Ottawa: it’s a city of history, nature and art; a place of welcoming people, great food, and long stories. Here are several ways to enjoy exploring Ottawa.
Ottawa is the capitol of Canada. The Parliament buildings are impressive, the grounds extensive, and there’s lots of art and history, as well as governance, to explore inside.
The House of Commons building, as with the Centre Block and the iconic Peace Tower (that’s the part with the clock), are in Victorian High Gothic style. The Centre Block is under refurbishment at this writing, which means the Senate meets in an an equally historic building, which was the Ottawa train station just after the turn of the twentieth century.
They each are well worth visiting, whether Parliament is in session or not, as there is much art to see and history to explore.
If you choose not to go inside (admission to each building is by tour only, book ahead; there’s no cost), looking out for the gargoyles and and bosses outside and checking out the many statues on the grounds is worthwhile and fun. In summer, you may see changing of the guard ceremonies, and at night, light shows focused on the history of Canada. At any season, you will hear the bells of of the carillon from the Peace Tower, chiming the hours and for concerts. Also at any season, but especially in winter, find a few moments for the Centennial Flame.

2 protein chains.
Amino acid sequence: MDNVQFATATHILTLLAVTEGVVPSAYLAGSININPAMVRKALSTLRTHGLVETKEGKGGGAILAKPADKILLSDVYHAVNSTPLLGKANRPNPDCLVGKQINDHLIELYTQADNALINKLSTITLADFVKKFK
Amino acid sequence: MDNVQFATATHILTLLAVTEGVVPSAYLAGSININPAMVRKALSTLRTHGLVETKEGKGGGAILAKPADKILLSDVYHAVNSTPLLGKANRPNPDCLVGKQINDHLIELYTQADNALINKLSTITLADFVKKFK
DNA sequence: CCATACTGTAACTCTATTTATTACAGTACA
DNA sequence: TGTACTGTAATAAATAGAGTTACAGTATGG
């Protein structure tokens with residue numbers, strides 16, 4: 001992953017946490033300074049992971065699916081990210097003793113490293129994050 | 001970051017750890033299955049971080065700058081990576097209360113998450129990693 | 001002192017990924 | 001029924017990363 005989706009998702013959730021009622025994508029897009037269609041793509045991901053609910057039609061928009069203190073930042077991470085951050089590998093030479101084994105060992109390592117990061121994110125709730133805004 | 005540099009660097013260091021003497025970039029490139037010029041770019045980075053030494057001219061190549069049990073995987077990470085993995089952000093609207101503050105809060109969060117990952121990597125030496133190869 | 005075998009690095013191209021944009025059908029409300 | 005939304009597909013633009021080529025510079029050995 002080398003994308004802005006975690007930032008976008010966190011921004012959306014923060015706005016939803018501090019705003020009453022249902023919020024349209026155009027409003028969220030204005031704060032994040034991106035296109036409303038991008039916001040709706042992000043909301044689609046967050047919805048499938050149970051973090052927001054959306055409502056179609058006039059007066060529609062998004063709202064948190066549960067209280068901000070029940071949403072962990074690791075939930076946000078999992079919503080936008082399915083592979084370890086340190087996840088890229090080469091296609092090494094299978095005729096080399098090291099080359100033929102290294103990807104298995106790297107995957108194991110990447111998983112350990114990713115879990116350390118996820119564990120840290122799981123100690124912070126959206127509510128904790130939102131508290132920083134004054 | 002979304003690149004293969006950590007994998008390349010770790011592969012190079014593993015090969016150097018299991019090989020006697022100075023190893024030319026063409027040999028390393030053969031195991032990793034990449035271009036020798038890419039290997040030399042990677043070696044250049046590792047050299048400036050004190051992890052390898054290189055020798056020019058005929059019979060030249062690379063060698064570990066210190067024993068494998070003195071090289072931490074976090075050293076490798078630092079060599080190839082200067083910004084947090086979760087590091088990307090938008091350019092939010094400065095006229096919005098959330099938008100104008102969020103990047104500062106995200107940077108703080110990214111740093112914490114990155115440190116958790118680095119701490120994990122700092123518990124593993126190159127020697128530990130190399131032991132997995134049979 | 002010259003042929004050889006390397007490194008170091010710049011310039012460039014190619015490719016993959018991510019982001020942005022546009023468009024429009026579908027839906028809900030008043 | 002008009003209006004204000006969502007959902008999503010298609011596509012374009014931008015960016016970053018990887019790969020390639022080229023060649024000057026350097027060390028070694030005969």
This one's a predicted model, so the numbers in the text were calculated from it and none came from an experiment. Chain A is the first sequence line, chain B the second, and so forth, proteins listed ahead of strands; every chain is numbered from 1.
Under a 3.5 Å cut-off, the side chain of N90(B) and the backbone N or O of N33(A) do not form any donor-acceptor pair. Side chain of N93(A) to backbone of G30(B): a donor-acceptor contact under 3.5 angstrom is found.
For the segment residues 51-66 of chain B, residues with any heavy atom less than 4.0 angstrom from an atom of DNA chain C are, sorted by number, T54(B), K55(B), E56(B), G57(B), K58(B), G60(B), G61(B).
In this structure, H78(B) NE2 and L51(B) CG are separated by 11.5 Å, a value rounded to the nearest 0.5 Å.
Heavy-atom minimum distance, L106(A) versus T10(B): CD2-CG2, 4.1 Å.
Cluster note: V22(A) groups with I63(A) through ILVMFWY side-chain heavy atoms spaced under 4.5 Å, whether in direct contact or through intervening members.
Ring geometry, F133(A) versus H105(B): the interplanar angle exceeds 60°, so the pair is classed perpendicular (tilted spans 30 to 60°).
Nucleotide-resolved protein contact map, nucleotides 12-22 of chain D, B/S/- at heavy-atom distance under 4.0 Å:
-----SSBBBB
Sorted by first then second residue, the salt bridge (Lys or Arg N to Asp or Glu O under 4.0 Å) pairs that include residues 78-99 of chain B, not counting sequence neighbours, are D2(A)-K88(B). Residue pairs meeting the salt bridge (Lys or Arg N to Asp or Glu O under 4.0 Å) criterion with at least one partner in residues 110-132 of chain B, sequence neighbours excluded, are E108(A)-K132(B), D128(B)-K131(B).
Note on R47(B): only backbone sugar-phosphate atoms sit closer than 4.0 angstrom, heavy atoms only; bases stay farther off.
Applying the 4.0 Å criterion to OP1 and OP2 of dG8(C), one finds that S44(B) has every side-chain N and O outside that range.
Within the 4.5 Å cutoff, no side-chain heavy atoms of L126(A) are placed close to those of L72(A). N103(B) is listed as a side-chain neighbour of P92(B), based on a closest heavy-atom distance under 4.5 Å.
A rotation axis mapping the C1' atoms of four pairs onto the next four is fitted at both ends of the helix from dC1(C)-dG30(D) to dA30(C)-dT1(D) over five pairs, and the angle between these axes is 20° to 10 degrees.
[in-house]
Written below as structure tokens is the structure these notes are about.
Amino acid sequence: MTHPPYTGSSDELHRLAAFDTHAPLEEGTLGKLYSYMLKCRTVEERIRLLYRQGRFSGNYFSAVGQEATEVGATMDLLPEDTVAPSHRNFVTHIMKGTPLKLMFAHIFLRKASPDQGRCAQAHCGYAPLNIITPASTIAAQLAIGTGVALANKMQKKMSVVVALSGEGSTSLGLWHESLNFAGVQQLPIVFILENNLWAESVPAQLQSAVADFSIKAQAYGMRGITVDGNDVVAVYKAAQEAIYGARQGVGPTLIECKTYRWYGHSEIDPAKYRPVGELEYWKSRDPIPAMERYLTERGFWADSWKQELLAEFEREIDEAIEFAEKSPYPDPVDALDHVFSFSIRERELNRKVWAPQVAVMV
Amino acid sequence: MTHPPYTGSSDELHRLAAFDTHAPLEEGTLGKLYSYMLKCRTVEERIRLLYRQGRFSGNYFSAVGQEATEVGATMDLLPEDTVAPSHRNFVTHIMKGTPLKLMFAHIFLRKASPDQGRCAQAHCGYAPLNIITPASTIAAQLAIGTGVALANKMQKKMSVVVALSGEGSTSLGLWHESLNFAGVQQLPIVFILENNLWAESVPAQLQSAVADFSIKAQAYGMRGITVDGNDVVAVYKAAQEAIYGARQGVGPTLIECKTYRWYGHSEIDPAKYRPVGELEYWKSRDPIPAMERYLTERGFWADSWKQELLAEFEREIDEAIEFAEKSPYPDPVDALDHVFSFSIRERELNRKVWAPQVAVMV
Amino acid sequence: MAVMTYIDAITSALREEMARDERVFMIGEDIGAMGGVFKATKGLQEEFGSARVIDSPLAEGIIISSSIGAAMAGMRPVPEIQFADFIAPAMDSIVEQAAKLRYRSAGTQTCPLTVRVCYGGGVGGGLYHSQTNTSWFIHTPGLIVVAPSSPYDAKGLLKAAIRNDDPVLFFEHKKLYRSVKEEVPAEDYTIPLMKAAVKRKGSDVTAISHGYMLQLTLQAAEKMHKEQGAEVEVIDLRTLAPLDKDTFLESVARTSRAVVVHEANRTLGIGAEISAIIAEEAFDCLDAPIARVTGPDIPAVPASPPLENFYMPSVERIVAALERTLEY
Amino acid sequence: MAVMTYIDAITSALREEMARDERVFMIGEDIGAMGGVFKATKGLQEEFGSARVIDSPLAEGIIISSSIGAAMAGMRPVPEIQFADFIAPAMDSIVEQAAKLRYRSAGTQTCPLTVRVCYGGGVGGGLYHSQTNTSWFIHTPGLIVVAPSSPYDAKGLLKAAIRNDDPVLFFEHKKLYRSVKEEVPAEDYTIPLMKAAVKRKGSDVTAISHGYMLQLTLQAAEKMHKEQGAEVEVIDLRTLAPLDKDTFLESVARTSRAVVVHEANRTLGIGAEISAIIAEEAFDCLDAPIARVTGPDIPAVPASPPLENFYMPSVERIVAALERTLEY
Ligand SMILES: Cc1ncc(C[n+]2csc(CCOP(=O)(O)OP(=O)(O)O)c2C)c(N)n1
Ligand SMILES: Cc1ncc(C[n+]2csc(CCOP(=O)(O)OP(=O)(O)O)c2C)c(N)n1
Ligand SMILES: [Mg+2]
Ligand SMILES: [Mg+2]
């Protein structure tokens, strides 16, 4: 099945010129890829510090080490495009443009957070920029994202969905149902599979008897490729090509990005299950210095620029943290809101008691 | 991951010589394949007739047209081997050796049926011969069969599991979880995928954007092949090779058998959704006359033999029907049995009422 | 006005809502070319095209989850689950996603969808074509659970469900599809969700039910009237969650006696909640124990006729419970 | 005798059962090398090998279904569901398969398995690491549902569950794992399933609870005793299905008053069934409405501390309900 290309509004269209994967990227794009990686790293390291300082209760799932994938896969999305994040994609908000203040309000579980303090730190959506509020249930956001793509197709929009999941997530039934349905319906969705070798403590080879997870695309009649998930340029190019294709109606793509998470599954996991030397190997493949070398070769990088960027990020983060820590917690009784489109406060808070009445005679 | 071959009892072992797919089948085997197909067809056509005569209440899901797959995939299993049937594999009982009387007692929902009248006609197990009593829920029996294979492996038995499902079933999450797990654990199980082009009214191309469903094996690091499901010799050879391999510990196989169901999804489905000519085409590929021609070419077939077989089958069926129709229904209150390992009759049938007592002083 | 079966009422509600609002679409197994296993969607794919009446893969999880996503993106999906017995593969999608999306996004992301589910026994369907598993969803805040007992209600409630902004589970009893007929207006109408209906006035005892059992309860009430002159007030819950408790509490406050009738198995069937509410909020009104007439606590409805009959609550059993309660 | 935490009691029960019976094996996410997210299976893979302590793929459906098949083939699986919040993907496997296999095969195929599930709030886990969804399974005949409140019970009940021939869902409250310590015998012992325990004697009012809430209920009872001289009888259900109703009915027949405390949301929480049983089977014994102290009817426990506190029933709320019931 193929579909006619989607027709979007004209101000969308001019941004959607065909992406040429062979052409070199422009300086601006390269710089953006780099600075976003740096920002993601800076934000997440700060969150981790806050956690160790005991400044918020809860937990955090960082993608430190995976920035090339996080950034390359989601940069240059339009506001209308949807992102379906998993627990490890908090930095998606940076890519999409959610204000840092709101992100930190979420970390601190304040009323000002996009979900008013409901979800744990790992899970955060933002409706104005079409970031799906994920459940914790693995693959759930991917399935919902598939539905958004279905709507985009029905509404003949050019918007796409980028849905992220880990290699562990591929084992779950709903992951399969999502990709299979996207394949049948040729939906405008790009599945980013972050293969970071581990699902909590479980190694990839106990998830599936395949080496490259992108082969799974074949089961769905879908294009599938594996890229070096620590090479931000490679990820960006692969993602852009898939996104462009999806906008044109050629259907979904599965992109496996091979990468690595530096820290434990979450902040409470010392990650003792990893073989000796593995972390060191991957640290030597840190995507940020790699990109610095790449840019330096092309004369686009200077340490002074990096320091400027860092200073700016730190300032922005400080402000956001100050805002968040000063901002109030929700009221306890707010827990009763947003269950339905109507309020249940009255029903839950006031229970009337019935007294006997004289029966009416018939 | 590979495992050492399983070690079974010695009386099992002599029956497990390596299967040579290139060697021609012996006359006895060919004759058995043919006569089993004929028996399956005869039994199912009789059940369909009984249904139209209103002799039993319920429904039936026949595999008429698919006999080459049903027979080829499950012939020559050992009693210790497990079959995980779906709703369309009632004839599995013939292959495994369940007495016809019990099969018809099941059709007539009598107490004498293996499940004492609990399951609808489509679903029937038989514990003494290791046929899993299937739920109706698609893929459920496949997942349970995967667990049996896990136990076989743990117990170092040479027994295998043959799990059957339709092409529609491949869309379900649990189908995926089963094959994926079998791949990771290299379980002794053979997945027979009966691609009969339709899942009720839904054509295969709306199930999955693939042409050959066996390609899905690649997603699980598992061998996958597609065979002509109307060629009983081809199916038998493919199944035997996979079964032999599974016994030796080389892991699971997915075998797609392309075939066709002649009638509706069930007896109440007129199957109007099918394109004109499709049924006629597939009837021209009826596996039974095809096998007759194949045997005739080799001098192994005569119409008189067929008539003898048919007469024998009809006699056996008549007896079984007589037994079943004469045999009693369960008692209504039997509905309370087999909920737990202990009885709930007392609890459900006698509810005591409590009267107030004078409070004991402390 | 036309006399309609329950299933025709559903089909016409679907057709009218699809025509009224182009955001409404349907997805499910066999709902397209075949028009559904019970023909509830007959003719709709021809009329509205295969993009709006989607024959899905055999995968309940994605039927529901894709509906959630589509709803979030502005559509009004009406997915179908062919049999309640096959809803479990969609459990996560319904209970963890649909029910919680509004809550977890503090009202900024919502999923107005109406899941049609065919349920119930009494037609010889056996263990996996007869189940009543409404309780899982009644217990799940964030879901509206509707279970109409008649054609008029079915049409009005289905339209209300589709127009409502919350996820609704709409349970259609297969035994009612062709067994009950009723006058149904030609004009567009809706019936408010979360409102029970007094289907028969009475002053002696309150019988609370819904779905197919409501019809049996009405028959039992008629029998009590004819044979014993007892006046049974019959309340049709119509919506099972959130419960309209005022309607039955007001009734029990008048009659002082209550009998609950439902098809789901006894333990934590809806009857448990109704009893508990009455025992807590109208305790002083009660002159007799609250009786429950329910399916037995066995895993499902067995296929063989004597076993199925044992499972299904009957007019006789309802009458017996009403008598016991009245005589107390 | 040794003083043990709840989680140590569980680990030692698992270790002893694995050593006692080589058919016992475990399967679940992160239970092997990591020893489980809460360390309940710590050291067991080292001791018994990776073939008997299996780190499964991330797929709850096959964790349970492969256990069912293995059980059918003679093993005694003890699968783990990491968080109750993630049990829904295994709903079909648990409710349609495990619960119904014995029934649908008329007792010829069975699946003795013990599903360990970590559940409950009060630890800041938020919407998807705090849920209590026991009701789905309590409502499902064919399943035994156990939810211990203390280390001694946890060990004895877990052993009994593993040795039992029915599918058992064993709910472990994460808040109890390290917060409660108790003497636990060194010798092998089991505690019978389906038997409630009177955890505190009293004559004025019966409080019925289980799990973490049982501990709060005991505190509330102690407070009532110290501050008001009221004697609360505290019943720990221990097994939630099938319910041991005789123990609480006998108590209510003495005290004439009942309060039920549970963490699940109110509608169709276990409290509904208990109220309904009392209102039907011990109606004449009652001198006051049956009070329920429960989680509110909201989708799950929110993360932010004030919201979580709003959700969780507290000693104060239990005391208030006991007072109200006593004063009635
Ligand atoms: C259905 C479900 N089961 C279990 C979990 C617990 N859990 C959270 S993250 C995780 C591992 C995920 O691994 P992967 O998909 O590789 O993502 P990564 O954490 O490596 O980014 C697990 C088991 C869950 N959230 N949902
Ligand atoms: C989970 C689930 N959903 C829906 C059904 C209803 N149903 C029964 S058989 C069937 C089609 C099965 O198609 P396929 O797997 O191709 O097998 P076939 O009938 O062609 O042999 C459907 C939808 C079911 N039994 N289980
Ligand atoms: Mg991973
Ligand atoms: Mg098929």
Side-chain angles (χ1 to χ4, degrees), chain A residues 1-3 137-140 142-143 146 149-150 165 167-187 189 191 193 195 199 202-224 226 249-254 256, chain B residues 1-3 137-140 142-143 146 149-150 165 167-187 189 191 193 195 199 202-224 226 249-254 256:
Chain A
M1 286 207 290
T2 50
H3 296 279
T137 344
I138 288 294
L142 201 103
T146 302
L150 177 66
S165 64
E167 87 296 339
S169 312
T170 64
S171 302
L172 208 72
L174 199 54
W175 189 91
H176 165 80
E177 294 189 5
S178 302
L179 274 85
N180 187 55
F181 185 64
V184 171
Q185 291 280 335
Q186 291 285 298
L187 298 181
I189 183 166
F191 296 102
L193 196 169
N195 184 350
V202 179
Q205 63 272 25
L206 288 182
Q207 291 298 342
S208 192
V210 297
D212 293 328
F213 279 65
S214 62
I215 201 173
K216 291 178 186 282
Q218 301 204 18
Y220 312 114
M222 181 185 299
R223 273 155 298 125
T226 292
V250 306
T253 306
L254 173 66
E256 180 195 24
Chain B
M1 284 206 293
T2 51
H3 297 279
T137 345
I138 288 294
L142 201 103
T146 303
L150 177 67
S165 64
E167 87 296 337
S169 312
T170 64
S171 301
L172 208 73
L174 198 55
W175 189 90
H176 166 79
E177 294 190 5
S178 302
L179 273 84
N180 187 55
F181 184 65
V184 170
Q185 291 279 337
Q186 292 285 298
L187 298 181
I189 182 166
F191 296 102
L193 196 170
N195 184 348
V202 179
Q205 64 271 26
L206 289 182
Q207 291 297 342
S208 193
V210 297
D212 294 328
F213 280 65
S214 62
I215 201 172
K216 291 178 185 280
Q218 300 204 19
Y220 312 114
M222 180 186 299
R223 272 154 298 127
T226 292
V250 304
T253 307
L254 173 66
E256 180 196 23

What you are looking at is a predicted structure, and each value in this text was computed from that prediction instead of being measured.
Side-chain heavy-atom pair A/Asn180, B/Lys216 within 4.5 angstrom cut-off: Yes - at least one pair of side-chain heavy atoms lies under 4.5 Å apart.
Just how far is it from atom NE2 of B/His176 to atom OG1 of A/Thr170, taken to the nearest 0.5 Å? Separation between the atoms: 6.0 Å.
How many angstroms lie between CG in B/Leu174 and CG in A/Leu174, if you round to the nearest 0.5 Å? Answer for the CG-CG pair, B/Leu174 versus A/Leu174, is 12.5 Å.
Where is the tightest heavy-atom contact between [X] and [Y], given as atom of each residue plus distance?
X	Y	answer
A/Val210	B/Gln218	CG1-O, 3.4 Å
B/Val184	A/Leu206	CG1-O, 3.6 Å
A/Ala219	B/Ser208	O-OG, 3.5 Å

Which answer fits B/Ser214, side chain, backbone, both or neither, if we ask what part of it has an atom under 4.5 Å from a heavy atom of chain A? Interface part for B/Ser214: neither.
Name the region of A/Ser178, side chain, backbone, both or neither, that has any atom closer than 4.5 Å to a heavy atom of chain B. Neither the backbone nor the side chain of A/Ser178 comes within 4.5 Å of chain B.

Art, history, and gold
Ottawa is a city of museums, on subjects ranging from military stories to space exploration to agriculture. Three of my favourites are
The National Gallery of Canada, which has a deep focus on the art of Canada, whether that is nineteenth century landscape paintings, Inuit art from the far north, or the work of contemporary photographers, along with works that illustrate European and other influences on Canadian artists.
You’ll not miss the Gallery because of the sculpture (its name is Maman) which sits outside. While inside, make time for the work of the Group of Seven painters, who really deserve a story all their own, perhaps in a future post.
Royal Canadian Mint: time was when all of Canada’s coins were minted in Ottawa. That’s done in Winnipeg now. The historic mint in Ottawa handles the making of handcrafted commemorative coins, medals, and special issues, as well as making the dies for all of Canada’s coins. It also handles Canada’s gold. You can see all this through a tour (there’s a small charge; check the website for the best times to see all the processes) and you can see many historic and artful designs in the mint’s shop also.